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Economy & Business

Metro Transit Launches Fleet Of Electric Buses In St. Louis

An electric bus pulls into its charging station on Broadway Street and Taylor Avenue.
Kendall Crawford
/
St. Louis Public Radio
A Metro Transit 60-foot battery electric bus pulls into its charging station at Broadway Street and Taylor Avenue.

One of the nation’s largest deployments of electric buses has arrived in St. Louis.

Metro Transit launched a fleet of 18 electric battery-powered buses on Tuesday. The zero-emission vehicles will be running on the No. 70 Grand MetroBus route, spanning from north to south of the city.

“It signals a positive change for our region,” said Rose Windmiller, the chairwoman of the Bi-State Development Board of Commissioners, at the launch ceremony.

Transit and city officials gathered to watch the buses embark on their first routes, many touting it as an environmental win for the St. Louis region.

“This initial group of 18 battery electric buses is the first step in moving in the right direction as we work together to build a healthier city, as well as a healthier region and better transit experiences for residents, businesses and visitors,” Mayor Tishaura Jones said.

The fleet consists of 14 buses 60 feet in length and four smaller vehicles, each about 40 feet long. In addition to being environmentally friendly, transit officials say the vehicles will offer bus riders a smoother and quieter experience.

“If you’ve never ridden an electric bus before, get ready St. Louis, because you’re in for a real treat,” said Taulby Roach, Bi-State Development CEO and president.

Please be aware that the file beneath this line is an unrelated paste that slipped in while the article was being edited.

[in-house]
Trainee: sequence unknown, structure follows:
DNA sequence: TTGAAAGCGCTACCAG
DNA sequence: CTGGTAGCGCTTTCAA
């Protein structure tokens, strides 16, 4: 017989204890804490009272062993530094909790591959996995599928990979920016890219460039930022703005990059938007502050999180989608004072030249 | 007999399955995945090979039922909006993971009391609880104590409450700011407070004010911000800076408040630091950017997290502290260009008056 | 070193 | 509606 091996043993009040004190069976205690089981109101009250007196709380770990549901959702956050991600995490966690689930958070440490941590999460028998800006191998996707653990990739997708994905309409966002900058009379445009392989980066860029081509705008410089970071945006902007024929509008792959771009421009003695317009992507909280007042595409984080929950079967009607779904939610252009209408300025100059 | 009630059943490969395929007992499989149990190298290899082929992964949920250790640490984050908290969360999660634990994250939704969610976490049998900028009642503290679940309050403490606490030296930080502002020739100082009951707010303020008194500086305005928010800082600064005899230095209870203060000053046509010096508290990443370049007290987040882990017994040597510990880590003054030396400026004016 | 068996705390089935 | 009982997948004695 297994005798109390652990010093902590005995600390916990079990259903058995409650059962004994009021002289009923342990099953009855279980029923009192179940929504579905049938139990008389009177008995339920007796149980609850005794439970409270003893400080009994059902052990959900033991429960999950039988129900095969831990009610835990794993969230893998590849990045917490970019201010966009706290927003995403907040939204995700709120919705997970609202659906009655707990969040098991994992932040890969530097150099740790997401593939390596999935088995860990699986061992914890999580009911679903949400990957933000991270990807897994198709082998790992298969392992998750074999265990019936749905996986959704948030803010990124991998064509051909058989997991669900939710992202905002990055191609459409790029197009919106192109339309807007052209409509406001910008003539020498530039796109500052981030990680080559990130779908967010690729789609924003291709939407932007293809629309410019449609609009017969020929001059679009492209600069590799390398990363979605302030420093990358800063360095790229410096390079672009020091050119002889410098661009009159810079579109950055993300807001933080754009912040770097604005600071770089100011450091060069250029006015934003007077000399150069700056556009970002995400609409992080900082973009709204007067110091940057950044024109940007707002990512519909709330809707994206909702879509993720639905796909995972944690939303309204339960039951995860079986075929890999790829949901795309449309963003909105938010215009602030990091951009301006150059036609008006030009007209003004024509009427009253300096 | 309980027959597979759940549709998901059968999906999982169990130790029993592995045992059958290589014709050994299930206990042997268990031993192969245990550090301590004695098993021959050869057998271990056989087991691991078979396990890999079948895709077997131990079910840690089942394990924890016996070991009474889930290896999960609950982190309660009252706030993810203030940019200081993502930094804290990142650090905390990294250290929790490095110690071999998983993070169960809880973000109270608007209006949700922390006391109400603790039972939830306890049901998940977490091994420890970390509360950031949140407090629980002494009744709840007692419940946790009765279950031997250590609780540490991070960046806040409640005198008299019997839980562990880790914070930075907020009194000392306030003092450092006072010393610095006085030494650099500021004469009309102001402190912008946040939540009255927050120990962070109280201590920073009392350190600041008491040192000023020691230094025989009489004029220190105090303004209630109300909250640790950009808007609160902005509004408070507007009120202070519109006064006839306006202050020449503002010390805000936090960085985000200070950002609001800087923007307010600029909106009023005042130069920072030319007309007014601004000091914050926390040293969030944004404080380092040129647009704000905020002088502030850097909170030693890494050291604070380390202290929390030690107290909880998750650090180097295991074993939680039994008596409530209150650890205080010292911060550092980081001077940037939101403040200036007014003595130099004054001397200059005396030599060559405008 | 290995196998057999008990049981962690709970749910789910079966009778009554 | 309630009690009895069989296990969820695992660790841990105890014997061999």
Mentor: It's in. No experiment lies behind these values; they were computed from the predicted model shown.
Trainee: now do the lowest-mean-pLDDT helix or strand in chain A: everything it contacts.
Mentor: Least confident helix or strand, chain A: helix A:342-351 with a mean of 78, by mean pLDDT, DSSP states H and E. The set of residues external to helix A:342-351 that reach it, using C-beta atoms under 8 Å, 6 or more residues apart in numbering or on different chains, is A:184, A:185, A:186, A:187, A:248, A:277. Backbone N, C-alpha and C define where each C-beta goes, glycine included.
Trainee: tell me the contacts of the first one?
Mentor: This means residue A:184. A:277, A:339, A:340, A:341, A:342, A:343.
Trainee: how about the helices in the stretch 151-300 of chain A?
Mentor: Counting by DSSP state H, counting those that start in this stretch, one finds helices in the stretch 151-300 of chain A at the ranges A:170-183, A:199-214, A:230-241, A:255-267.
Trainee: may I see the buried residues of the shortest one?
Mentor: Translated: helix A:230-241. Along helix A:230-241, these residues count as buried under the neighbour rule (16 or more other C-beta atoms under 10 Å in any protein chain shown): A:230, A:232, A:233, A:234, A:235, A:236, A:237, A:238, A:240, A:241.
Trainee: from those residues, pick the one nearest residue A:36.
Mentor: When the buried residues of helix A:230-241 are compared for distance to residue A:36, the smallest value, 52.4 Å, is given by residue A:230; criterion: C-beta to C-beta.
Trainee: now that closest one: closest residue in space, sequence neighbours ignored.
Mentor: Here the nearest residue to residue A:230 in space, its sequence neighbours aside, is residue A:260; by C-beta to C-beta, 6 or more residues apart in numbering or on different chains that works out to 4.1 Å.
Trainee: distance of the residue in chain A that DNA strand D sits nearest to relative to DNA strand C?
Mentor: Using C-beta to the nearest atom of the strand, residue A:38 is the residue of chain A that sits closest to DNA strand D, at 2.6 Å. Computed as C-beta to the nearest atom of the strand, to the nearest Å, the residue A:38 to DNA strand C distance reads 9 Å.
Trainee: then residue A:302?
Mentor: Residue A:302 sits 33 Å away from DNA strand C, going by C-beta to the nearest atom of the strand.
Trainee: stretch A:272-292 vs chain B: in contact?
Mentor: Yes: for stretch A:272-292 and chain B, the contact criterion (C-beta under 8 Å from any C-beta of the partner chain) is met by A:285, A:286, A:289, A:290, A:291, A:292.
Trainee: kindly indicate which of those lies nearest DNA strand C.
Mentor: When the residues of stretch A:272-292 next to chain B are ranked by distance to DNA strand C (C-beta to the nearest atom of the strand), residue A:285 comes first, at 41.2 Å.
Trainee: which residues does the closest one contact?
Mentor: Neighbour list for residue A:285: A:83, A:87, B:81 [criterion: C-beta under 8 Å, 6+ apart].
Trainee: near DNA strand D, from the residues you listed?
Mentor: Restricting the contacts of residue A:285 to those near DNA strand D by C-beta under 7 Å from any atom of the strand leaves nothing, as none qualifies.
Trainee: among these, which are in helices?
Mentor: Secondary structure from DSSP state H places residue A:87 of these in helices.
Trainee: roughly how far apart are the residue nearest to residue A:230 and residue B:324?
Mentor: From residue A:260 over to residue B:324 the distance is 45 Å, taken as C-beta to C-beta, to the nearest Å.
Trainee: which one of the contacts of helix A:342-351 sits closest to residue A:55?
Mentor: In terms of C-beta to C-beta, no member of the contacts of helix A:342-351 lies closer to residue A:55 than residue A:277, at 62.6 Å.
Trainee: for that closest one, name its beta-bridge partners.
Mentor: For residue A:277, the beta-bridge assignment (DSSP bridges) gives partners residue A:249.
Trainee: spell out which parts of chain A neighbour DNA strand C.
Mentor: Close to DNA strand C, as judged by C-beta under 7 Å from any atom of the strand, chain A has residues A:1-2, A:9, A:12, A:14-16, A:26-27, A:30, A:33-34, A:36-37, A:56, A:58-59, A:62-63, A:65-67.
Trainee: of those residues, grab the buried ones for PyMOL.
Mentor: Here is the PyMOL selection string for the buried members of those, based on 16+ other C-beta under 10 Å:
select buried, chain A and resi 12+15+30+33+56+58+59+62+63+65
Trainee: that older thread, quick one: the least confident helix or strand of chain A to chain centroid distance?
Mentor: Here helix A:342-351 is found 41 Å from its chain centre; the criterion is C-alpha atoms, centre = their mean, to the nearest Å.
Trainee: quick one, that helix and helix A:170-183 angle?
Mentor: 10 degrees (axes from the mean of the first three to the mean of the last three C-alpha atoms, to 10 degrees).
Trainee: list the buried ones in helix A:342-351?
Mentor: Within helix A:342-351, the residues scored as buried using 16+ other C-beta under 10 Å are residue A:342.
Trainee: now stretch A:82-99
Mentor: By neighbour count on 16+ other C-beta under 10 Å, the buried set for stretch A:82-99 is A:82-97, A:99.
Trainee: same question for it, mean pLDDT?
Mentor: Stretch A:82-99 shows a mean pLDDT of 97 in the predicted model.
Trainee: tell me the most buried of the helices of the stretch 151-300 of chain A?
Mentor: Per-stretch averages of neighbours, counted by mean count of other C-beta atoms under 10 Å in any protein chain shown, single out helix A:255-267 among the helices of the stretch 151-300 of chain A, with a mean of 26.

Despite their size, the new buses take only a little over an hour to charge to full capacity. The vehicles will pause to charge at the in-route charging station at Broadway Street and Taylor Avenue. Overnight, the buses will charge at the Brentwood MetroBus facility powered by Ameren Missouri.

“We’re excited because these buses are better for the environment, and for Metro they’re going to be cheaper to operate,” said Ameren Missouri President Marty Lyons.

Each large bus cost $1.33 million, but transit officials say the investment will save money in the long run. They estimate the operating costs to be significantly lower than that of diesel, at 59 cents per mile.

Metro Transit also estimates the buses will reduce greenhouse gas emissions by 100 to 160 tons per year in the city — a feat city officials say could change the community for the better.

“Zero emissions. I like the sound of that,” said St. Louis County Executive Sam Page. “It’s a commitment by Metro Transit to do all they can to help and improve our nation, our country and our region’s health and our future.”

Follow Kendall on Twitter: @kcrawfish33

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